Reaching Teens in Their Natural Habitat: A Field Guide for Savvy Parents by Danny Holland, Paperback | Barnes & Noble
Reaching Teens in Their Natural Habitat: A Field Guide for Savvy Parents

Reaching Teens in Their Natural Habitat: A Field Guide for Savvy Parents

by Danny Holland

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Crucial Insider Knowledge for Connecting and Communicating with Teens

With their incomprehensible lingo, often-bizarre fashion fixations, technological plug-ins, and ever-changing moods, teenagers can seem like an entirely different species. Connecting with them on meaningful levels–let alone actually influencing them–seems beyond the


Crucial Insider Knowledge for Connecting and Communicating with Teens

With their incomprehensible lingo, often-bizarre fashion fixations, technological plug-ins, and ever-changing moods, teenagers can seem like an entirely different species. Connecting with them on meaningful levels–let alone actually influencing them–seems beyond the realm of possibility.

What do advertisers and entertainers who grab the attention of teenagers know that you don’t? And how can you counteract their influence in your child’s life?

Danny Holland, an expert on youth culture, peers into the world of America’s kids–and offers proven advice on how parents can adopt the tools of the experts. You’ll discover…

·how today’s teenagers think, including their values, priorities, and primary influences
·the communication pattern that speaks most persuasively to teens
·the most effective way to improve your relationship with your teen
·how to determine which battles absolutely must be won
·and many other eye-opening insights

With “insider knowledge,” you’ll be equipped and empowered with real-world techniques to successfully connect and communicate with your teenager, bridging the gap to build a relationship of lasting influence.

Editorial Reviews

From the Publisher
Praise for Reaching Your Teen in Their Natural Habitat

“In order to connect with your teenagers, you must become a student of their culture. Danny Holland’s book will give you great insight and practical help.”
Jim Burns, President of HomeWord and author of of Creating An Intimate Marriage

“Danny Holland’s book Reaching Teens in Their Natural Habitat is a must-read. I have been encouraged and impressed by Danny’s teaching for many years. In the thirty years that I have taught media literacy, I have encountered many media-lit teachers and speakers. Danny, however, stands out. His teaching is effective, profound, and solid. I read every page of his book and plan to read it again and again!”
Dr. Ted Baehr, founder and publisher of MovieGuide, and chairman of the Christian Film & Television Commission

Product Details

The Crown Publishing Group
Publication date:
Product dimensions:
6.00(w) x 9.00(h) x 0.50(d)

Read an Excerpt

The American Teenager in Its Natural Habitat

The American teenager in its natural habitat.
Does that phrase conjure up images of the Crocodile Hunter wrestling into submission that scaly foreigner who lives in the back bedroom? Or maybe you’re envisioning an alien being far too complex to understand. No matter what imagery comes to your mind, the title of this chapter gives the right sense of the situation. Let’s hop into our imaginary blimp and take it up for an aerial view.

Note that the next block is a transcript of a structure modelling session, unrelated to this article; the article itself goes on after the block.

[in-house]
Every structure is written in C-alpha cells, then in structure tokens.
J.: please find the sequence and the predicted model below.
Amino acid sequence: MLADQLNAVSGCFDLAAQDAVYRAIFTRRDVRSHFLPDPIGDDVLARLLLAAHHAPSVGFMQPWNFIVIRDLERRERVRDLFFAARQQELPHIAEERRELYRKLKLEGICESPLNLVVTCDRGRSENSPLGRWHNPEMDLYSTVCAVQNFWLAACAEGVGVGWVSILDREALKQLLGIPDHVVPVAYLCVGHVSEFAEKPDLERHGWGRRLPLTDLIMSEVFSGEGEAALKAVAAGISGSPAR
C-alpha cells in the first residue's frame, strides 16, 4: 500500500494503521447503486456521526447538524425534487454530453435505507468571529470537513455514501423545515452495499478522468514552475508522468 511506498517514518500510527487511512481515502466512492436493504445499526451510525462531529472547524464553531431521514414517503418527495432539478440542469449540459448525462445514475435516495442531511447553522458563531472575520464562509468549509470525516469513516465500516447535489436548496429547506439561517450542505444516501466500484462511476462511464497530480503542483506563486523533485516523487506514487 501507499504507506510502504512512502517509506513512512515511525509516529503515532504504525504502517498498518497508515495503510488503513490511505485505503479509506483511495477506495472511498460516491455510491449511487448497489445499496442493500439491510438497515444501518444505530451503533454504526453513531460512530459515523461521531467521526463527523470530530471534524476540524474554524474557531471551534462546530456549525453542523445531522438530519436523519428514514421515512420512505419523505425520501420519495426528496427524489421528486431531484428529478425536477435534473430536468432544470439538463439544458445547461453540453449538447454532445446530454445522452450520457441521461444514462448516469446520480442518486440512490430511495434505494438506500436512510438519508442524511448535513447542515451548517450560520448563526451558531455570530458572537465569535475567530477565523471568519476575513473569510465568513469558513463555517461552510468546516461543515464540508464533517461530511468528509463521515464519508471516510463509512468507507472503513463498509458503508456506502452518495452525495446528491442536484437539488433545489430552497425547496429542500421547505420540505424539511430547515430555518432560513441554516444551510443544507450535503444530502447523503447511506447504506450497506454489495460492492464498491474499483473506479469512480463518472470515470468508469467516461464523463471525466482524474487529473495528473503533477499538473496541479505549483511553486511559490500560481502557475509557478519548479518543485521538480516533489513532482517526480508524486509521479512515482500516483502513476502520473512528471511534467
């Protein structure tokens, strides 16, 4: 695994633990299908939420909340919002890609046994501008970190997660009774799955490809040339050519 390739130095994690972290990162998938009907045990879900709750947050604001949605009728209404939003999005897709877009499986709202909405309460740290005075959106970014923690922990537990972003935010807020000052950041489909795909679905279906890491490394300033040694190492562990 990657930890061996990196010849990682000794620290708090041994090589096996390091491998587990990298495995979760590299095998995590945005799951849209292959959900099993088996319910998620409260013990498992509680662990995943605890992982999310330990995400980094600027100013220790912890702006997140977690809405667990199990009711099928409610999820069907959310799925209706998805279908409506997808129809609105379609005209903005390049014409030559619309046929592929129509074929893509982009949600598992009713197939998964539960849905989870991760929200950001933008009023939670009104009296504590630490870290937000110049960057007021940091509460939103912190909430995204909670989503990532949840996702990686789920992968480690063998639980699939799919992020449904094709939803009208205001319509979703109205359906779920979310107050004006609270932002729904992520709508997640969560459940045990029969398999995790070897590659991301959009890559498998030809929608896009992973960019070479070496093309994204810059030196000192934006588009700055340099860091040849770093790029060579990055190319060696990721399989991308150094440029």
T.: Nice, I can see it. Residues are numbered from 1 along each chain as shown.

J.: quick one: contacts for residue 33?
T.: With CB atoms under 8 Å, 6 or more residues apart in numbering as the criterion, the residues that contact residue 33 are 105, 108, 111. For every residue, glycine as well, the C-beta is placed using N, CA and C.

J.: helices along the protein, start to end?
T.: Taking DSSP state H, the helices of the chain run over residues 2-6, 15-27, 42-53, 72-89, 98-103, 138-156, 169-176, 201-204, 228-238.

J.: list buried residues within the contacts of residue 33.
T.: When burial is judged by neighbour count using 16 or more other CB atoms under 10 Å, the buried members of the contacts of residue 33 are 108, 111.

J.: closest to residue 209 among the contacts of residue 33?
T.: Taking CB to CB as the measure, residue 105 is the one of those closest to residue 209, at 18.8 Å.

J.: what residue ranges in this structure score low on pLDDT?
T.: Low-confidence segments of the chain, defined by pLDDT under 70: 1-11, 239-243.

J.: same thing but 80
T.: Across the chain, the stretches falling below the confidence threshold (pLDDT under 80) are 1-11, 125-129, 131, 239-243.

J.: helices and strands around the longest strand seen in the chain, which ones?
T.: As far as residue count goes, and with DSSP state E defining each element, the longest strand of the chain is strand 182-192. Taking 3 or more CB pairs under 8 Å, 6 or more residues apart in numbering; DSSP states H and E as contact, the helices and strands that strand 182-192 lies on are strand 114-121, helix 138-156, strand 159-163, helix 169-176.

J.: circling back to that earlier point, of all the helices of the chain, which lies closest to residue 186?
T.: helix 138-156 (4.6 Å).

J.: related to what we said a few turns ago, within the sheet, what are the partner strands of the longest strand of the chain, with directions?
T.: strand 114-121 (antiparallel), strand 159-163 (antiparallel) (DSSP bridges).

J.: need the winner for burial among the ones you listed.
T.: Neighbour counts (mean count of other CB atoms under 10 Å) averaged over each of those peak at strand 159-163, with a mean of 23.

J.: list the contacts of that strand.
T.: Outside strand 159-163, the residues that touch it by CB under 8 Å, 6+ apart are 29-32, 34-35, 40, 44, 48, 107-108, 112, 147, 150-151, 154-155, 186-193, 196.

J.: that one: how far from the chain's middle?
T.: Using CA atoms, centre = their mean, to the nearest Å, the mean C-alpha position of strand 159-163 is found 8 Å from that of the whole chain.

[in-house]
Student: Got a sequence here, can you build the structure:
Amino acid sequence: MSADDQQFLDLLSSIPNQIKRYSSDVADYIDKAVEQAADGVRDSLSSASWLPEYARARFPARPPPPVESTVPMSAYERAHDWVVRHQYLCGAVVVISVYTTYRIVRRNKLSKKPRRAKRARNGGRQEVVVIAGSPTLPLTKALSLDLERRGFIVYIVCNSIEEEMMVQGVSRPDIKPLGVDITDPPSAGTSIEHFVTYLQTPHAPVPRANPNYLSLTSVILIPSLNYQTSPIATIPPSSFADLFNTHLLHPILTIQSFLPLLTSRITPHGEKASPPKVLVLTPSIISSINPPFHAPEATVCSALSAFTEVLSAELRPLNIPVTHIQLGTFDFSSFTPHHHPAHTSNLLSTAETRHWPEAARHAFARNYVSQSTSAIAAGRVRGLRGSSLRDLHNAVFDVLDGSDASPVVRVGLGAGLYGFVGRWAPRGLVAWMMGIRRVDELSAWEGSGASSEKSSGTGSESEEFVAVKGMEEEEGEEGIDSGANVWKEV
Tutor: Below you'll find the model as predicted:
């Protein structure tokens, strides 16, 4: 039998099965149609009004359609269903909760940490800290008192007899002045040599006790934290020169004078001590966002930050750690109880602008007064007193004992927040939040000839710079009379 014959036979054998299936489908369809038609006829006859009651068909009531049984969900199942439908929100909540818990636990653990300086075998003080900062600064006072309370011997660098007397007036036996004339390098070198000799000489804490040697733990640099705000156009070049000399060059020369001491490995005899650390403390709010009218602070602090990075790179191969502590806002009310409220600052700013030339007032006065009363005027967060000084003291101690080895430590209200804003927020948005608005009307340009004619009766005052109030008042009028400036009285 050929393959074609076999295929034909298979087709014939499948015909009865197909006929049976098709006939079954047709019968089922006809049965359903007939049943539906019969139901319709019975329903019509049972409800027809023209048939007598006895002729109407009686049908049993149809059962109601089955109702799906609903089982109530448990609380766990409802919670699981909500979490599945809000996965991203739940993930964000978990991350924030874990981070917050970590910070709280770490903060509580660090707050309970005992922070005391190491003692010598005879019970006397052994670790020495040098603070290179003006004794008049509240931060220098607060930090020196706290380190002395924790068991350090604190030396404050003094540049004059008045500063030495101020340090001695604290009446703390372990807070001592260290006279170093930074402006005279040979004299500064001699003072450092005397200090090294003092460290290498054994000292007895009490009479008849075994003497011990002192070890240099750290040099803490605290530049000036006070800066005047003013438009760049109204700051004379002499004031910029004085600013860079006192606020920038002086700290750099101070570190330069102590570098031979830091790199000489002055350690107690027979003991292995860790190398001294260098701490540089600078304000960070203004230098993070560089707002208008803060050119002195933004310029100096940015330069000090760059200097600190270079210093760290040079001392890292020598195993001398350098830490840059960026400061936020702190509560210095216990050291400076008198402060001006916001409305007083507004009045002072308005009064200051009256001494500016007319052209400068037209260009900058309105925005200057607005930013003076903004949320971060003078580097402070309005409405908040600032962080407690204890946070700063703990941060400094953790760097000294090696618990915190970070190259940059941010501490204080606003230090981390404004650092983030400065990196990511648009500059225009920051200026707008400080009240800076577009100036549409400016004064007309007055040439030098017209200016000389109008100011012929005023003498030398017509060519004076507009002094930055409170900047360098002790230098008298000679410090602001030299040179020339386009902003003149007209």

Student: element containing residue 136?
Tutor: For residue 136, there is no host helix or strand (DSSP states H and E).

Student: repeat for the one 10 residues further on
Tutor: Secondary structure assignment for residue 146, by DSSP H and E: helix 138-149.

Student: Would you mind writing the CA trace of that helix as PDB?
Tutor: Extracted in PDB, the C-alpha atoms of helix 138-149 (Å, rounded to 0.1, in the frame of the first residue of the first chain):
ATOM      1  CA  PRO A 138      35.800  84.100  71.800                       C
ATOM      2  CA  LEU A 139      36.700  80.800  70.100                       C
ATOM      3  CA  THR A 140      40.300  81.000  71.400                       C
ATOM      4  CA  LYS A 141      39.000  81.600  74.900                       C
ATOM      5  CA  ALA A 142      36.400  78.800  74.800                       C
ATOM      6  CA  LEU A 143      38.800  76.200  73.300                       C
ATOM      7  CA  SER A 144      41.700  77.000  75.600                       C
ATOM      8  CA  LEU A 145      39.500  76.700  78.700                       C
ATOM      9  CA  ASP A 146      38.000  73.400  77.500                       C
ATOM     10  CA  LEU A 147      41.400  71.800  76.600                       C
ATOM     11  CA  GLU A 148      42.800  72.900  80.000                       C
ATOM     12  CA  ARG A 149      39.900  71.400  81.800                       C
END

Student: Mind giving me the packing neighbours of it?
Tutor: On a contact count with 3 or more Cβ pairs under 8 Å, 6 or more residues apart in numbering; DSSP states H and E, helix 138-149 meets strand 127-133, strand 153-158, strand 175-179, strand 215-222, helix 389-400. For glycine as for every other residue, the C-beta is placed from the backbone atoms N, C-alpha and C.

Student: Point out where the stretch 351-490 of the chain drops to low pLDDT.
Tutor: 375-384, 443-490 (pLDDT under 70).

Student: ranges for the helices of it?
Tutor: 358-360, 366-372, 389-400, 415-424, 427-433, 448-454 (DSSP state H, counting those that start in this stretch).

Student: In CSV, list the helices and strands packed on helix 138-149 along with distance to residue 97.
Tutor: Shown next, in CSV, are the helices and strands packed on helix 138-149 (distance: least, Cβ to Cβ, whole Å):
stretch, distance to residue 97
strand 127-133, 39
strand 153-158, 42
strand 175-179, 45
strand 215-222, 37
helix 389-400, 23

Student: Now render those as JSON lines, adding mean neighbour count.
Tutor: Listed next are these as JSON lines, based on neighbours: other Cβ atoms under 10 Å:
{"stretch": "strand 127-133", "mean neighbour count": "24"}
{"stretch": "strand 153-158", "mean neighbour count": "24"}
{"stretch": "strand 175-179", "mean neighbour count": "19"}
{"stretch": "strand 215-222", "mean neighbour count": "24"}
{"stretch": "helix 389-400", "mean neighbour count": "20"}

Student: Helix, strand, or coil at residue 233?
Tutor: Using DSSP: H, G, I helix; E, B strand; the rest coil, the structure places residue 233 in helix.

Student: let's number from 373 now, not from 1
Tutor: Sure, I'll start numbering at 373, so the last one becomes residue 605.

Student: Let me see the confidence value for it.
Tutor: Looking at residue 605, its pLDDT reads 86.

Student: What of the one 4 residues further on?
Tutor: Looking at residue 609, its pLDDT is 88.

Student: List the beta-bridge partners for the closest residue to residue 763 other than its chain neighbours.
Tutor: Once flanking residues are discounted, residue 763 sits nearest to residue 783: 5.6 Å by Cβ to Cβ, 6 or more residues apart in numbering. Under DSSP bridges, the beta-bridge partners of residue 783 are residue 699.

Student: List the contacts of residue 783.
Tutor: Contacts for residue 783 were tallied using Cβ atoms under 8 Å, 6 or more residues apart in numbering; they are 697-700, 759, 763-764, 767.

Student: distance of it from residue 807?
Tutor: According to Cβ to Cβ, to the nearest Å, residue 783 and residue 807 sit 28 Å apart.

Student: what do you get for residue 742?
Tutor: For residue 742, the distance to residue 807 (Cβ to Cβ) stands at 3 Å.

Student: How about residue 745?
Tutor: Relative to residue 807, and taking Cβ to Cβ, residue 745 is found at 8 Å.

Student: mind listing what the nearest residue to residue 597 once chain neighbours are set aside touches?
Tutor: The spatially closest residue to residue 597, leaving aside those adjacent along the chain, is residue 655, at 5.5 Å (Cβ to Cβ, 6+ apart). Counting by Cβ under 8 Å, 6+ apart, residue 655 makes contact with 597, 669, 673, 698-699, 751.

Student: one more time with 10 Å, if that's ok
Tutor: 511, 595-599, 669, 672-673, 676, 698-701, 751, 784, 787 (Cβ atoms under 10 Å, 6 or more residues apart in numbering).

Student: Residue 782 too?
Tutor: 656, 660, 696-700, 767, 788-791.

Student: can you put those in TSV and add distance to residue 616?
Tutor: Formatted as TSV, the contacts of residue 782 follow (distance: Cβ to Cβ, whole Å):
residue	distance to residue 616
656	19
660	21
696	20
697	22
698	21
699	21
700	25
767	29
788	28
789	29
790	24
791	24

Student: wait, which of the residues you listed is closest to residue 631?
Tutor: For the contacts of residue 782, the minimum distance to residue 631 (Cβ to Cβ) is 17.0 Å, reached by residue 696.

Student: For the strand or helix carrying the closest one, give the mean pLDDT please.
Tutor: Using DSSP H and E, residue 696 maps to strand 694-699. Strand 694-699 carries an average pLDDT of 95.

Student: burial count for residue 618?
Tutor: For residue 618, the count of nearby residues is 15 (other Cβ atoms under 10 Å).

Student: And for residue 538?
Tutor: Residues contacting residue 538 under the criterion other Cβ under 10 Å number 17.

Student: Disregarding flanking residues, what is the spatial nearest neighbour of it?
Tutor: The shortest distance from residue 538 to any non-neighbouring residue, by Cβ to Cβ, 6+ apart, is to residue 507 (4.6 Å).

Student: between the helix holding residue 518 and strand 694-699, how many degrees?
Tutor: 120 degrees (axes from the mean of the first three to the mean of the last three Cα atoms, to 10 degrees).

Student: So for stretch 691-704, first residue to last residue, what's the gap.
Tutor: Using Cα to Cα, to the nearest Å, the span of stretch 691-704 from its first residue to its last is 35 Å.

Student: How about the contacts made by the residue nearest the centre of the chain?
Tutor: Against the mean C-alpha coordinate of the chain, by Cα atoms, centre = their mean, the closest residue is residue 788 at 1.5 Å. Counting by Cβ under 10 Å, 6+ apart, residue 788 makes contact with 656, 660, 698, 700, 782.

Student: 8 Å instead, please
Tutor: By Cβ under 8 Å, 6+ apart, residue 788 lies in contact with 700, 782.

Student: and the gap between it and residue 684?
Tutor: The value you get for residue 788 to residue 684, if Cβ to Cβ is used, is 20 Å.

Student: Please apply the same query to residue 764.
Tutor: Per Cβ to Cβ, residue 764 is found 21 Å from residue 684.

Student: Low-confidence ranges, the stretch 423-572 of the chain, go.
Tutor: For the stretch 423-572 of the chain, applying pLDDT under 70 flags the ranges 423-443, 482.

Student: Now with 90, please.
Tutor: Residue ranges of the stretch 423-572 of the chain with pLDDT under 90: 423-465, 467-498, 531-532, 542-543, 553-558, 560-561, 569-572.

“Our earth is degenerate these days; there are signs that the world is speedily coming to an end; bribery and corruption are common; children no longer obey their parents; and the end of the world is evidently approaching.” Sounds like something out of today’s newspaper, doesn’t it? Actually these words were found carved on an Assyrian stone tablet dated 2800 BC. Although in some ways young people have been similar for thousands of years, the culture the previous generation refines and leaves for the next does have an impact on that generation. So to really understand today’s teens, we need to look at the generations that have gone before them.

Let’s take a quick look at the common divisions of generations: the Baby Boomers, Generation X, and the Millennials.

Baby Boomers
It’s generally agreed that Boomers comprise those people born between the end of World War II (1945) and 1965. They were the first to carry the label “teenager.” They lived through the Cold War with the threat of Soviet nuclear-missile attacks, and the most notable moment in history for this generation was the assassination of President Kennedy. Then the civil rights movement and the Vietnam War began to heat up and became prominent issues for Boomer teens. Family values began to erode due to the hippie/free love movement and the rising popularity of hard drugs. Older Boomers entered the work force and became our modern corporate America. They are product-driven, task-oriented people who have had a tremendous impact on our nation.

Generation X
Typically, an Xer is someone born between 1965 and 1981. The older ones started life during the Vietnam War. They watched adult generations reach new heights when astronauts walked on the moon, and they saw those same generations experience uncommon lows with the resignation of President Nixon.